Jeannie Ralston didn’t like what she saw.
Like many women of a certain age, her youngest son had gone off to college, and facing a time of transition, she looked online for solace or advice for women going through the same experience.
“Often, I found the tone to be a little bit condescending or acting as if I’m about to step off a cliff,” Ralston says. “I didn’t feel like anything I found was really speaking to me. Inside, I feel the same as I did when I was 29. My friends and I, we talk about the same things, we laugh about the same things.”
A seasoned editor and freelance writer whose career has featured stops at Allure, Ladies Home Journal, and Parenting, and whose work has appeared in a litany of national magazines, Ralston saw an opportunity.
Partnering with her longtime friend (and first investor), Lori Seekatz, who provided the business acumen, Ralston conceived her latest venture: NextTribe, an online magazine for women over 45, which officially launched in May.
“Lori and I put our heads together to determine the tone. We knew the focus had to be on great writing. I love humor. I love irreverence. If you get older without a sense of humor, there’s no hope for you.”
Pointing to last year’s closure of Meredith’s More magazine, Ralston says there’s a demand among professional writers for an outlet that speaks to older women on their terms, just as there is among readers.
As such, she’s recruited a formidable stable of contributing writers, including Newsweek political correspondent Nina Burleigh; Suzanne Braun Levine, the first female editor of Columbia Journalism Review; and Sheila Nevins, the president of HBO Documentary Films; among numerous other novelists and national magazine writers — all of whom fall within NextTribe’s target demo, and all of whom are paid for their contributions.
Under the tagline, “Age Boldly,” NextTribe’s often service-oriented pieces range from tips on how to incorporate leopard print into one’s wardrobe or relieve back pain to how to make friends in a new city or deal with depression, almost always incorporating intimate, personal accounts from the writers’ own lives.
“It’s just fascinating to me that more people aren’t talking to us,” Ralston continues, speaking of women over the age of 45. “We really feel like we’re at our peak in many ways. We aren’t ready to leave the stage. We want to stay. I really want to show people that our demographic is very engaged.”
In order to bring NextTribe, as Ralston terms it, “from URL to IRL,” coinciding with the magazine’s online content is an offline, “real life social network,” a type of membership club that readers can join to meet up with each other in-person.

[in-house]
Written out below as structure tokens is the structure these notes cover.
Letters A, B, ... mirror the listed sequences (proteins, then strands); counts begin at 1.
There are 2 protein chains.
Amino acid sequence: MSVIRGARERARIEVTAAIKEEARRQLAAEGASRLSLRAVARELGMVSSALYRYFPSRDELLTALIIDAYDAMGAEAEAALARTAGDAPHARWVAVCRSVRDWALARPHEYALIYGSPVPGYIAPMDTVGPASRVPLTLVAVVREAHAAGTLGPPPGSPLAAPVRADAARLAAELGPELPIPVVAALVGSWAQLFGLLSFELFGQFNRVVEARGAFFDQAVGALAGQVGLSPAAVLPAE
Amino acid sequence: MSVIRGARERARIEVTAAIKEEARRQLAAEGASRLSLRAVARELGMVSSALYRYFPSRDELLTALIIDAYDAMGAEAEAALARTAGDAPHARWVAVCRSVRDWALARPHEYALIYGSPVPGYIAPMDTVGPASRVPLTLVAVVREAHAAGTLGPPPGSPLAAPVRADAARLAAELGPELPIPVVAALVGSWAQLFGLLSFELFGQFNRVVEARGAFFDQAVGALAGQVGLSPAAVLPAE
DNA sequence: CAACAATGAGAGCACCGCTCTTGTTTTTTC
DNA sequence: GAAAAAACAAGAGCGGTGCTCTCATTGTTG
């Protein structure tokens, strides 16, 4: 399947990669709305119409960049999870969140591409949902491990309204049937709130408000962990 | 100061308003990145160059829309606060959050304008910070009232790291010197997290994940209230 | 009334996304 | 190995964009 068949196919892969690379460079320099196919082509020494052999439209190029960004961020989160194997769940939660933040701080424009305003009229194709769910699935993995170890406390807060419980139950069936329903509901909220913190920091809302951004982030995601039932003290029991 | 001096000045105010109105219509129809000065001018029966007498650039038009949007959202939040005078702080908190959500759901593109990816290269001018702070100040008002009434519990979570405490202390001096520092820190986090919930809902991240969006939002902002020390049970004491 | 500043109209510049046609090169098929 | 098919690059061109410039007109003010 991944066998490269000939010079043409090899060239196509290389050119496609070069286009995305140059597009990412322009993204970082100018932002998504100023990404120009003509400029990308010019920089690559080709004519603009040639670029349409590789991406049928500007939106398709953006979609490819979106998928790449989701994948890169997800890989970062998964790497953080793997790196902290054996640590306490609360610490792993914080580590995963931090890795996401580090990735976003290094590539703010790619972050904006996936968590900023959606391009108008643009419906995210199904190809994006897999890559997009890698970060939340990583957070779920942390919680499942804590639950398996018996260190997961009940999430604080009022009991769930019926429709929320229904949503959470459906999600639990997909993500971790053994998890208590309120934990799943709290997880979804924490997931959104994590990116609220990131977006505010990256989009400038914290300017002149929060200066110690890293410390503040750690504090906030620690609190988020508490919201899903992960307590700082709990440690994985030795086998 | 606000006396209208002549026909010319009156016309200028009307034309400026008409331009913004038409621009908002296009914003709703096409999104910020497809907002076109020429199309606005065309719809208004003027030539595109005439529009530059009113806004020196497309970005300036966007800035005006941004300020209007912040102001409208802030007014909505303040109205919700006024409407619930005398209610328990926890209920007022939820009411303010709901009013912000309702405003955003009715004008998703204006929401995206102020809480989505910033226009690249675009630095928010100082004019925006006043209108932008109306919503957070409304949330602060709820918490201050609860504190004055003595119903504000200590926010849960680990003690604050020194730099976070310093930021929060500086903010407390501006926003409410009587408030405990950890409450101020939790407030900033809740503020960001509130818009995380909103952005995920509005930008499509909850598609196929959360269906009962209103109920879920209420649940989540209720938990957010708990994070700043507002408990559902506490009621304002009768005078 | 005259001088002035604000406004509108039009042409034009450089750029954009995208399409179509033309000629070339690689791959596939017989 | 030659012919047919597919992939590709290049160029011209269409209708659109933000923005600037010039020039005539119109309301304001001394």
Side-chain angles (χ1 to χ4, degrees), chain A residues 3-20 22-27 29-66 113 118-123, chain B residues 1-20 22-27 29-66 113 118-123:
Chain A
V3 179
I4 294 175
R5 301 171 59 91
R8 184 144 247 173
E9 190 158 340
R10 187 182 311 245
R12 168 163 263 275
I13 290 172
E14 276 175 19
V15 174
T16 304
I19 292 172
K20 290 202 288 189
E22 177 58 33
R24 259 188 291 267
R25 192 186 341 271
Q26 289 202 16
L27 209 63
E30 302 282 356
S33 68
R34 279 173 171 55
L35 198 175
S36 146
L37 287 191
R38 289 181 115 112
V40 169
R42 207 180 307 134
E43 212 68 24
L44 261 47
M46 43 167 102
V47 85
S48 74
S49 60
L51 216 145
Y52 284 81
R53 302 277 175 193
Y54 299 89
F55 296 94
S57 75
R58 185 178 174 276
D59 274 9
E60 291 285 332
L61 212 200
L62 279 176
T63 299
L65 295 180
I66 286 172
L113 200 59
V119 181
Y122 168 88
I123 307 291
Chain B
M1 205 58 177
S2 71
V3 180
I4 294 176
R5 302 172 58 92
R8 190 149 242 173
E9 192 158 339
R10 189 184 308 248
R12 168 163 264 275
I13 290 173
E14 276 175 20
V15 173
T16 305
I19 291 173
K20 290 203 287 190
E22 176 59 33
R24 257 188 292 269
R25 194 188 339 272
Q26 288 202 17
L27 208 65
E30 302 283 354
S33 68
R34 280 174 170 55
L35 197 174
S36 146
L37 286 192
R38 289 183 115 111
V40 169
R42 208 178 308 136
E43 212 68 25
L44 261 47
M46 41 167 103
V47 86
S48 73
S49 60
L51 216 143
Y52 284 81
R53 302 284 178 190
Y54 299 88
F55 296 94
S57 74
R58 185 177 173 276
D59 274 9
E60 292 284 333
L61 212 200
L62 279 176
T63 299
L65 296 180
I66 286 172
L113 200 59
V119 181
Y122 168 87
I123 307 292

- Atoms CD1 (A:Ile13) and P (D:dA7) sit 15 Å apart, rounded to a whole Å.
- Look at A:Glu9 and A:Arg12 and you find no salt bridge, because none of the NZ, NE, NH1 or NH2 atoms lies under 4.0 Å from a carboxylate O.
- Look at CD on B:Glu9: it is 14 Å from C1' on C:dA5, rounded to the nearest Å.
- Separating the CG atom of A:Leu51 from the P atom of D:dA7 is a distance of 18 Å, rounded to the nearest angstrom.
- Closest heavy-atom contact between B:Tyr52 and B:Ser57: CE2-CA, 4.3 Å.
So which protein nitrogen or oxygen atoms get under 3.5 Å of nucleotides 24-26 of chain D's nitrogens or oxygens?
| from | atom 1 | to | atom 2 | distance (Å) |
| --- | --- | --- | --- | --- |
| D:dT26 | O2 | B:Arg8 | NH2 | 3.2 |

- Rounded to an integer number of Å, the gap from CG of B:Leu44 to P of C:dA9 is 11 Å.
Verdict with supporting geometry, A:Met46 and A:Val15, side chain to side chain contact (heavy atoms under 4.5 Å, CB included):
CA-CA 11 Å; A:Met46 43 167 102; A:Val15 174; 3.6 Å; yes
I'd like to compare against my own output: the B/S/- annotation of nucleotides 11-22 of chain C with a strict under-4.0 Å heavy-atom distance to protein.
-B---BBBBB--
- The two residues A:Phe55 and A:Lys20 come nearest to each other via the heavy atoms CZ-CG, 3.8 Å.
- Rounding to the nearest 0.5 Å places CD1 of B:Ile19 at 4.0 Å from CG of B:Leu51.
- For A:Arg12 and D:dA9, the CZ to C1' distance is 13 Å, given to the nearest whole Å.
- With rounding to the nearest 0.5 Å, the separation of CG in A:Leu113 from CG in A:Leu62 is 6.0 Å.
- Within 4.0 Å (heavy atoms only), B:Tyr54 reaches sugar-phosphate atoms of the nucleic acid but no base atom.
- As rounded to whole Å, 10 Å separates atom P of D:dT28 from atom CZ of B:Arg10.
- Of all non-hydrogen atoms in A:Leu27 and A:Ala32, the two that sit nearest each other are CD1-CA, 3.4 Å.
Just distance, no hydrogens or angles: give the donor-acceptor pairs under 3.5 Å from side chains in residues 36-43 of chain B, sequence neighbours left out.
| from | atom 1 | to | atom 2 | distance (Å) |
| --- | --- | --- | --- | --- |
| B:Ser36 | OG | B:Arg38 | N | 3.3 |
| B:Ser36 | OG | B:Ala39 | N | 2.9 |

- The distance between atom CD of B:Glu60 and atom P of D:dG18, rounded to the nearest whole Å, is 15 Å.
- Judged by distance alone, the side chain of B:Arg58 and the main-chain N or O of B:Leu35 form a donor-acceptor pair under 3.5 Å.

“We want our members to see the value of being part of the group. At some point we might charge a monthly fee, but what we are trying to do is test the theory in Austin, and then scale it to other cities and communities.”
The first gathering, in Austin, attracted 150 women, three-times the number Ralston anticipated. The most ambitious in-person event for NextTribe to date is a seven-day trip, occurring this week, to Central Mexico to celebrate the Day of the Dead. Announced in the spring, the trip sold out in June. A week-long beach yoga trip, to Mexico’s southern coast, is planned for March.
“We’ve seen women show up to these things,” says Ralston. “They’re excited that someone is talking to them.”
The goal, eventually, is to monetize NextTribe chiefly through sponsorships — demonstrating to marketers that women over 45 have disposable income and are willing to spend it, and that NextTribe provides an effective platform from which to reach them.
Ralston and her publisher, Michele Martell (NextTribe’s only other full-time staffer) have already partnered with California Closets on both in-person events and online content (although Ralston is quick to point out that NextTribe does not produce “advertorials”), but the two have lofty ambitions when it comes to potential partners.
“We really want travel brands: hotels, airlines,” adds Ralston. “We conducted a reader survey, and found that our audience is highly interested in adventure travel, which surprised me. Another area Michele identified is pet products. There are all kinds of fashion and beauty brands we’ll target as well. And of course, wine and alcohol.”
To get the word out on a limited budget, the NextTribe team relies heavily on both Facebook and old-fashioned word-of-mouth, hoping that when a reader discovers NextTribe, she shares it with friends and family.
“I hear from people all over, ‘My friend just told me about you; I’ve been looking for something like this.’” Ralston says. “It’s a lot of testing what works and seeing what people respond to.”
Two of NextTribe’s most successful posts to date, Ralston says, have been an August post by author and Ready magazine founder Gail Dudley, titled “Why I Joined the ‘I Don’t Care’ Club,” and a first-person account from Teresa Elliott observing Italian women flaunting their bikini bodies on the beach without fear of embarrassment or self-consciousness.
True to NextTribe’s irreverent spirit, the latter of the two features a prominent, “Fuck it,” in the first paragraph.
Rounding out Ralston’s team as part-time staffers are a copy editor, an events specialist, a site director, an editor for the website’s new “HotFlash” news section, and a marketing/social media coordinator — all of whom, like NextTribe’s contributors, are women over the age of 45.
“We have an opportunity to reach women and make them feel understood, and not like a stereotype,” says Ralston. “They’re accomplished and engaged and they look great and they have style. They’re not ready to just go off quietly.”
Given the pace at which the site has amassed 32,000 unique monthly visitors and over 4,600 subscribers from scratch, neither, it seems, is NextTribe.